by Barbara Childs
More than one hundred people gathered at Peace United Church on Saturday, March 11, prepared to learn how to effectively document and monitor the raids on immigrants that are beginning to bear down on Santa Cruz County. The event, organized by a local group named YARR, Your Allied Rapid Response featured information on current organizing activities in Santa Cruz, followed by a two-hour training led by San Francisco Bay Area immigration lawyers who work with a Bay Area group called Migra Watch. The audience gave the two main trainers, one Iranian-American woman and one Mexican-American woman, a standing ovation at the end of their presentation.
The trainers emphasized that ICE works by planting fear. “ICE knows that what it is doing is unconstitutional, but it doesn’t matter to them,” said one trainer. “They are getting people to leave the country because of fear. They throw tables and chairs. They are deliberately trying to create fear.” This trainer said that ICE might turn up in the early hours of the morning with the name of one person. If someone else answers the door, they may apprehend that person. ICE might say ‘If your husband turns himself in we’ll let you go.“ Ernestina Saldana, a leading activist in the local Sanctuary Movement said, “If they want to arrest you, they will arrest you. ICE lies.”
The trainers explained to the crowd what ‘rapid responders’ would be expected to do. In the Bay Area, the phone number of the Migra Watch Hotline is being widely disseminated throughout the immigrant community. If there is a raid, anyone can call that number and a Migra Watch despatcher will immediately send a text message to a rapid responder who lives in the vicinity of the raid (within a radius of 2-5 miles). Once the message is received, the volunteer will text back “I’m on my way,” getting there as soon as possible to begin the documentation process. A similar system is being set up in Santa Cruz.
In order to make the situation more real for the audience, the two main trainers acted out two versions of a raid scenario. In the first version the observer in the role-play was more confrontational, creating a situation in which her phone was confiscated by the police. In the other, the observer kept videoing the situation but slowly inched backwards as the police yelled at her to back up. By minimally complying with police orders, the observer was able to keep videoing the raid without losing her cell phone. The trainers emphasized again and again that it is a constitutional right to document any police action.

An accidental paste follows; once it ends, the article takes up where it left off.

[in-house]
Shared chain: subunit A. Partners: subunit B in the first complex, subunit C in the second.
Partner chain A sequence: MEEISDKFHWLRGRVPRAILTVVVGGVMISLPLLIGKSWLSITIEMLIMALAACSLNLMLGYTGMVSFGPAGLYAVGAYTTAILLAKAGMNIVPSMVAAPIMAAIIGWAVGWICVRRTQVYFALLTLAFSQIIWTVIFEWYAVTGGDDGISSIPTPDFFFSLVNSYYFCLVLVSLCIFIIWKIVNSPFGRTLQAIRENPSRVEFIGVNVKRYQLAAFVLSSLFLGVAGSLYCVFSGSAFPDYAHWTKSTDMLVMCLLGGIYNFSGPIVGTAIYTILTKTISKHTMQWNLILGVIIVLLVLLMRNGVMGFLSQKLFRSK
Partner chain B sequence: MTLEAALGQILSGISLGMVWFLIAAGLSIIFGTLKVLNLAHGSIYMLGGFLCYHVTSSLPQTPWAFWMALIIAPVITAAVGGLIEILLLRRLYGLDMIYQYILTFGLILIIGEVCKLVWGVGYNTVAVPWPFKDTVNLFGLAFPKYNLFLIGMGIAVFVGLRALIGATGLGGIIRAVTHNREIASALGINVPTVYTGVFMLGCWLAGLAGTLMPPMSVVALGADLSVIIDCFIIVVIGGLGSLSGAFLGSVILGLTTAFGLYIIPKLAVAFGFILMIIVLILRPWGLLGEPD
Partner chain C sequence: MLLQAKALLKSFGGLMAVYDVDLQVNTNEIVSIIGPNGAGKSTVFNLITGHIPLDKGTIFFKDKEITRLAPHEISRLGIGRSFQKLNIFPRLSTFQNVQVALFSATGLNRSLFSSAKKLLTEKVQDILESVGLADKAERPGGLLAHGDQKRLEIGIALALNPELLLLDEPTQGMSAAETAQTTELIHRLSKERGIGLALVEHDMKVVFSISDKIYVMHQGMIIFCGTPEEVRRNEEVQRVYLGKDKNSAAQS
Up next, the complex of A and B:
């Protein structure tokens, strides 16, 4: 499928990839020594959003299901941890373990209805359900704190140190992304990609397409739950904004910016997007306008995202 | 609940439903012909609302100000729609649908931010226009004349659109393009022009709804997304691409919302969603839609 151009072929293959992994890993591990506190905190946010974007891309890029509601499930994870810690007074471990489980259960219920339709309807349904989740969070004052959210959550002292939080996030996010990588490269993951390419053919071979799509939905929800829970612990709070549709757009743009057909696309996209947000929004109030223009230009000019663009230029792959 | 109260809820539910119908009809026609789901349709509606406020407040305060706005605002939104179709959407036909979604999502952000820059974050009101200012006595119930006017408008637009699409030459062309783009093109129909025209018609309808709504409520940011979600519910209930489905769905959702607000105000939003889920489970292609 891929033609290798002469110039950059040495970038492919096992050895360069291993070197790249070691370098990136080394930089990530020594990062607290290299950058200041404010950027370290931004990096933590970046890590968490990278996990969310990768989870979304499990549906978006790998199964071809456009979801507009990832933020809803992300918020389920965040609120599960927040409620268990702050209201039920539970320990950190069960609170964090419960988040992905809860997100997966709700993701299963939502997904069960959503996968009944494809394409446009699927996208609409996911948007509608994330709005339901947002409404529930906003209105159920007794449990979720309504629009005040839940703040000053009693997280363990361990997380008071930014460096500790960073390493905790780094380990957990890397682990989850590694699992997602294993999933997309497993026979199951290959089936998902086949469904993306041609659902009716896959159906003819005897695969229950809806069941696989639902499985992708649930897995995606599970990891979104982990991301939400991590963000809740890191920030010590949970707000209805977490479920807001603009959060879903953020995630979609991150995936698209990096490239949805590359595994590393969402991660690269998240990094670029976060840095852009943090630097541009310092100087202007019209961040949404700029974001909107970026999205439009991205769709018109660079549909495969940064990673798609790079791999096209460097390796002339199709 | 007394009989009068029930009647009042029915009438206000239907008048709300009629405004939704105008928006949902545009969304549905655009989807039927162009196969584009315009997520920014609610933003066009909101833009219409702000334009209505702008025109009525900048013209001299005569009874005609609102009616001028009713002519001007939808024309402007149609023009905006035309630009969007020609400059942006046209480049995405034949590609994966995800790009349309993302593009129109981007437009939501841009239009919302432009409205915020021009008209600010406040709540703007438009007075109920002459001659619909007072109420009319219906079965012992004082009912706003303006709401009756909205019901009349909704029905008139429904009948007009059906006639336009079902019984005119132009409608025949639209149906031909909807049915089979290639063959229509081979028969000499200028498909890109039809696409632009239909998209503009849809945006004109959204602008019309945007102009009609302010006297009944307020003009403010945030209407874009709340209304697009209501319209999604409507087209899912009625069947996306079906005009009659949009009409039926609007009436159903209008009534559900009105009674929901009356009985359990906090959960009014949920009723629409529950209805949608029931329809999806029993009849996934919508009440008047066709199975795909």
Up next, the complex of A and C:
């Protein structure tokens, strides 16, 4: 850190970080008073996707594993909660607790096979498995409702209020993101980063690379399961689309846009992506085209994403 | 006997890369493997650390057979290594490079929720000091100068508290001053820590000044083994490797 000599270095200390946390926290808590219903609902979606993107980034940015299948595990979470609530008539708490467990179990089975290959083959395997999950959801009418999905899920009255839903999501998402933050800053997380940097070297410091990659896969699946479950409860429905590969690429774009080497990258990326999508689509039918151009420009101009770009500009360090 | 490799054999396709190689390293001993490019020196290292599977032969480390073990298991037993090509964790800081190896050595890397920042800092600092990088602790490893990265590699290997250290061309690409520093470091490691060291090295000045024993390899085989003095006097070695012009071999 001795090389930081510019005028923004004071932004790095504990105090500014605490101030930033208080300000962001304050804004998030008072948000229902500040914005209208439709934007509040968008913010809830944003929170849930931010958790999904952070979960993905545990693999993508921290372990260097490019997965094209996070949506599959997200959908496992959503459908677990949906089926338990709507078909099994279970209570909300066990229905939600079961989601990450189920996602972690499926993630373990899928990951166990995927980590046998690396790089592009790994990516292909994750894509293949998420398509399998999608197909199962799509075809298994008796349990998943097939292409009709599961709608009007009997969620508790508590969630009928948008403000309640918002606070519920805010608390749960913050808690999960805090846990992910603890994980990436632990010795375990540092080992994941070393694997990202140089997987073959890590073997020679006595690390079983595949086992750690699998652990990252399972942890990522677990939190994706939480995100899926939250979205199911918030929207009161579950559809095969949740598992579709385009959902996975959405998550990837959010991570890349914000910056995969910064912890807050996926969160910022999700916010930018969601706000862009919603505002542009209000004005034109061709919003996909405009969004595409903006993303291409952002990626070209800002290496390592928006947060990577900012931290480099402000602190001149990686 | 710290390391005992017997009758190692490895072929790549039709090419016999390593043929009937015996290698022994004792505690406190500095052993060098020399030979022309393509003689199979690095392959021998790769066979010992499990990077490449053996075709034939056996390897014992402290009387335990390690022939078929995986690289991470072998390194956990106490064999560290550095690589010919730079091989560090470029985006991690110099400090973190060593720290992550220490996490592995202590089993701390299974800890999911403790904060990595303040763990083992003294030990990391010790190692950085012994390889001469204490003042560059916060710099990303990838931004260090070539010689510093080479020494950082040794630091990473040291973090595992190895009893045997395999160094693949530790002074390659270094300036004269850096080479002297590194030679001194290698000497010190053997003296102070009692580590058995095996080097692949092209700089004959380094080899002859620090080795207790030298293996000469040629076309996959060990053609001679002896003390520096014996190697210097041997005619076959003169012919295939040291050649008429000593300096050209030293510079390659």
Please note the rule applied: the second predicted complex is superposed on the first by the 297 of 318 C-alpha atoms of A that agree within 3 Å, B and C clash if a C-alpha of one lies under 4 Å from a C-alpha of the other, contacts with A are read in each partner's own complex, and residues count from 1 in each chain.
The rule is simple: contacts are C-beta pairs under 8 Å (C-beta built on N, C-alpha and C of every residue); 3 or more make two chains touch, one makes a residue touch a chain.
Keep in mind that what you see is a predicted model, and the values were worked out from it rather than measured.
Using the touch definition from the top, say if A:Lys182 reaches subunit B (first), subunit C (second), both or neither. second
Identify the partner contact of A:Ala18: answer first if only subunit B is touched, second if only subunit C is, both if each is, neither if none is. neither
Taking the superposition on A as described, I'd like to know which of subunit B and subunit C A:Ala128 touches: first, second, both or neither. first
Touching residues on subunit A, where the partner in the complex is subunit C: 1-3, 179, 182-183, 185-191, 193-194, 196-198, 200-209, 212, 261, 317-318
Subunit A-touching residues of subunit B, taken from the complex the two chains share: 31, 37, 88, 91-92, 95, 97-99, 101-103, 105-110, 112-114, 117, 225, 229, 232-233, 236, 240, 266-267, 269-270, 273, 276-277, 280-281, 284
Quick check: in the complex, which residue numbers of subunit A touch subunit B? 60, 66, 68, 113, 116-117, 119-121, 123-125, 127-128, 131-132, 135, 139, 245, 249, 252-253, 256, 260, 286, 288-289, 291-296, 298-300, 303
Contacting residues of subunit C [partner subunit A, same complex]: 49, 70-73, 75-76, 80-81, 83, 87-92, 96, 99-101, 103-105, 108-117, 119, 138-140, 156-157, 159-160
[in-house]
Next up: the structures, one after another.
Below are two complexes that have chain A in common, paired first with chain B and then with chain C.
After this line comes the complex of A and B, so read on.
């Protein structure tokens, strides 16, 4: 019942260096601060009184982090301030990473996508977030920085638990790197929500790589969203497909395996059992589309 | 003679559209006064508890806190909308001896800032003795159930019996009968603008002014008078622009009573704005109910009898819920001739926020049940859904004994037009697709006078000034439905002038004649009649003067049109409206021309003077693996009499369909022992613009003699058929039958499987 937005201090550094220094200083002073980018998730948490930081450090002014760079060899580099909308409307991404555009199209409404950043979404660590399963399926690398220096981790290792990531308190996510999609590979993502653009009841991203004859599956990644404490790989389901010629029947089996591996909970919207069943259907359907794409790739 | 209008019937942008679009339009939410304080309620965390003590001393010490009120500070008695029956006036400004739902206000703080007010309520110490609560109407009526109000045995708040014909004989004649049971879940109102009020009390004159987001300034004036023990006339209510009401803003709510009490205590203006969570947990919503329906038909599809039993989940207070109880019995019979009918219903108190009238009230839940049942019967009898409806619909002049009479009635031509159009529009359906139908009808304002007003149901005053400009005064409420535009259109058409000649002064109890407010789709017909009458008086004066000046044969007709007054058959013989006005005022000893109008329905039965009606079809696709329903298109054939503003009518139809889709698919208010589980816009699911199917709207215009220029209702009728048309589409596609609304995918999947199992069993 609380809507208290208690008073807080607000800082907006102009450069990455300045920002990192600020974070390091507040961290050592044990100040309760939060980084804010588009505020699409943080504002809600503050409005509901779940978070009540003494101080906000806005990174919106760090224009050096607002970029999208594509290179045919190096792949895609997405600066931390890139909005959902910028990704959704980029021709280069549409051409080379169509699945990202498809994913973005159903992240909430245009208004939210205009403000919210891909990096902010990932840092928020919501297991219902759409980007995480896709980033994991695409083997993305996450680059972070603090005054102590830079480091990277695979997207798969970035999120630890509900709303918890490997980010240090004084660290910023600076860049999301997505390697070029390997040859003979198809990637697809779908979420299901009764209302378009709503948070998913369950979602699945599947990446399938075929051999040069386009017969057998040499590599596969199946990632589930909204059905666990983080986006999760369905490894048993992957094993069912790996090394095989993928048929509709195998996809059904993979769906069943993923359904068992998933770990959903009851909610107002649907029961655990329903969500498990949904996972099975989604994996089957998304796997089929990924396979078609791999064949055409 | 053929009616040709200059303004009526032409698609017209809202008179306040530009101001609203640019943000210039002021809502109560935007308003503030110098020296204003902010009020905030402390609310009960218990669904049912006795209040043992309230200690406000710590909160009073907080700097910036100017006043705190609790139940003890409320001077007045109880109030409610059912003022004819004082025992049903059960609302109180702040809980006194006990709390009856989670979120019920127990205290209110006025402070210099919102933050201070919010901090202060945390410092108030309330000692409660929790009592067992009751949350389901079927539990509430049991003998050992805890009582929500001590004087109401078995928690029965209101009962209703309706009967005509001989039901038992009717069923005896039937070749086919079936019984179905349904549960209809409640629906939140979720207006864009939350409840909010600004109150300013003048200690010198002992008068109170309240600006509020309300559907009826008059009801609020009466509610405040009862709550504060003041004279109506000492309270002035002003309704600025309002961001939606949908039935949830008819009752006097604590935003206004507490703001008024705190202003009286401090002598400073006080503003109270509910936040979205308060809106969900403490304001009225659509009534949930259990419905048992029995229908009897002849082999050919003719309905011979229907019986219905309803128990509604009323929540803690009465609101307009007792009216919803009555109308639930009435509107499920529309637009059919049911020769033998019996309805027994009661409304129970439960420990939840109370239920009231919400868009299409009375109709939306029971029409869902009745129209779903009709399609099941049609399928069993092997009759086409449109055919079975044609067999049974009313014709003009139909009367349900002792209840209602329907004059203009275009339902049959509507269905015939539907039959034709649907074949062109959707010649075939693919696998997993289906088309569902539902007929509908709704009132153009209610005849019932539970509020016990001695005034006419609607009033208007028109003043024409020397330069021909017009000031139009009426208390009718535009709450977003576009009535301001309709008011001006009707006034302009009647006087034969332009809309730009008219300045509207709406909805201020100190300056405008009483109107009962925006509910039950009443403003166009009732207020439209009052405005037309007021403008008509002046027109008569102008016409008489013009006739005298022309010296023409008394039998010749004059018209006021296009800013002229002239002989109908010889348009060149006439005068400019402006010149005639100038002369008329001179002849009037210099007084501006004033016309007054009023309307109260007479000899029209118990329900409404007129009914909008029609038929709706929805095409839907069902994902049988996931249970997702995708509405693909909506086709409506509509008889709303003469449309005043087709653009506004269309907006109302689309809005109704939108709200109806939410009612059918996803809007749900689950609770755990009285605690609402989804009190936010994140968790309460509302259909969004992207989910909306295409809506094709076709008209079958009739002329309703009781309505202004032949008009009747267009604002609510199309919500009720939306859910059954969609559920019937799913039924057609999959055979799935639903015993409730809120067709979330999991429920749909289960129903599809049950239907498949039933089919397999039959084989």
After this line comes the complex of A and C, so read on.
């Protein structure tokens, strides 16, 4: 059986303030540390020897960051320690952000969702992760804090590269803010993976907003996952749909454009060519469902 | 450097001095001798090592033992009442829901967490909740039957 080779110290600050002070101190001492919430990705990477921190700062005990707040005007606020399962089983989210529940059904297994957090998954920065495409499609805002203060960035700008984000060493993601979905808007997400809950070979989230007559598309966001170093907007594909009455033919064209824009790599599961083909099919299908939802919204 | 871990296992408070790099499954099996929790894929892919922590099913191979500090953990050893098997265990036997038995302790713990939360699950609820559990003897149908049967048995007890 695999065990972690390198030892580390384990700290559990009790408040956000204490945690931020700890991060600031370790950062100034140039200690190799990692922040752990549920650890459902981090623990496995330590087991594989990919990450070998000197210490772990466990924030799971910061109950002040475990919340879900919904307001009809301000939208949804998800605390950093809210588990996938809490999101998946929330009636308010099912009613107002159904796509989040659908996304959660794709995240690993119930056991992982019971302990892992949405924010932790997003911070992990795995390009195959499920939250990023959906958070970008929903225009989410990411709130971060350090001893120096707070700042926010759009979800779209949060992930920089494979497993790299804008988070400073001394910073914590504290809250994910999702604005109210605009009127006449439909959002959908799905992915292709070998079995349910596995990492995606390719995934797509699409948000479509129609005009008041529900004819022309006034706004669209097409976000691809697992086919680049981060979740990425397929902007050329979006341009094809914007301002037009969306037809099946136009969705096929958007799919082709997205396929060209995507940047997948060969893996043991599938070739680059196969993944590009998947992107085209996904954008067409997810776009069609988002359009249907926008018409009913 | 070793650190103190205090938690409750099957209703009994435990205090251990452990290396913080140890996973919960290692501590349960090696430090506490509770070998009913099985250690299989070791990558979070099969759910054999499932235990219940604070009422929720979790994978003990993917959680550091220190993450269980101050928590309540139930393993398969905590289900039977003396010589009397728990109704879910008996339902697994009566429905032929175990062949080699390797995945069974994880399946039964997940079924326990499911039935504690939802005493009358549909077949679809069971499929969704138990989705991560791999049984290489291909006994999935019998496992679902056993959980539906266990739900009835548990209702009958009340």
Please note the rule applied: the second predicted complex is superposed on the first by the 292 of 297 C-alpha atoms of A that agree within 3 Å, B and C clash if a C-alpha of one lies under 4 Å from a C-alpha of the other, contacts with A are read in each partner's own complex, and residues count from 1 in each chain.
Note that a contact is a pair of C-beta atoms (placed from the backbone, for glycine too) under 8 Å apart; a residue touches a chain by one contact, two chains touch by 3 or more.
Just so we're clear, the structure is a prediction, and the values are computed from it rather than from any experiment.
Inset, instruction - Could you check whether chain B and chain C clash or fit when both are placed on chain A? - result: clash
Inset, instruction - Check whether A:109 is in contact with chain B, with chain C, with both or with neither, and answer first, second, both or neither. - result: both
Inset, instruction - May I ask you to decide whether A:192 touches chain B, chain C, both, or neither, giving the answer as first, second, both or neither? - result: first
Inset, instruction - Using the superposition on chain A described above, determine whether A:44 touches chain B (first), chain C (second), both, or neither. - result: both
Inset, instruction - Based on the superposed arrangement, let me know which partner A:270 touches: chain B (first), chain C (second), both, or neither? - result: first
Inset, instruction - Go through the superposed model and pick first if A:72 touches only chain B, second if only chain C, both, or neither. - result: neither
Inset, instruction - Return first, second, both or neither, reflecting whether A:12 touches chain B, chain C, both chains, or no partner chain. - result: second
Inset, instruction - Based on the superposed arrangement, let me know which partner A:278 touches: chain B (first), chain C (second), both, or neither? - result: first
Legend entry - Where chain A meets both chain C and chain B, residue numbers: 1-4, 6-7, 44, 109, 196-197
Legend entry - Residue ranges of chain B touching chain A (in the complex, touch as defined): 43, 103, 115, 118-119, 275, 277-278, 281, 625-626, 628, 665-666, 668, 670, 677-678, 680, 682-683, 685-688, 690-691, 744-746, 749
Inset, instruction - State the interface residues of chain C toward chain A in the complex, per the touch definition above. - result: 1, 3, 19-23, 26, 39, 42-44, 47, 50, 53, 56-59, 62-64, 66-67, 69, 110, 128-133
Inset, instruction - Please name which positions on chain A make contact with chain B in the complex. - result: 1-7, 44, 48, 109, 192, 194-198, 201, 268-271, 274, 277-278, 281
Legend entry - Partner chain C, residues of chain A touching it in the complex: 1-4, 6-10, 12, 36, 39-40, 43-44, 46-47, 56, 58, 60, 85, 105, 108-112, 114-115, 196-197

Trainers emphasized the importance of staying calm, not talking with the police except to repeat that: “I’m here to document”, and capturing as much information on video as possible. Prospective observers were told to get badge numbers, number of agents, number of people detained, license numbers, identification (or lack thereof) on police vehicles, hate words used, examples of excessive force, weapons used, property damage, property confiscated etc. If more than one observer shows up, the second person can focus on videoing observer #1 to gather evidence on possible violation of observers’ constitutional rights to document. A third person could take notes, using a checklist developed by Migra Watch.
All documentation is being collected in order to protect and defend immigrants in court. Trainers emphasized that the documentation should never be sent out over social media, an act that could potentially put the immigrant family members at more risk.
Trainers said that after a raid, if the family is willing, observers can interview the family members to get more information about the siutaiotn. The family’s needs must always be respected.
During an especially poignant moment, one of the trainers, the Iranian woman who now works as an immigration lawyer with Migra Watch, talked about her own childhood as an undocumented immigrant in the U.S. “People often think that I came to America to seek the American dream. That is false!” she said emphatically. “How many of you know that the United States overthrew the democratically elected government of Iran in a CIA directed coup in 1953?” Her situation reflects that of many immigrants in this country whose families fled the violent aftermath of U.S. military and political intervention in their countries.
The pre-training session also included tables inviting participants to sign up for groups that are focusing on legal counsel, direct action, story-telling, fund-raising, tech help and more.
For more information:
Sanctuary Santa Cruz 831-239-4289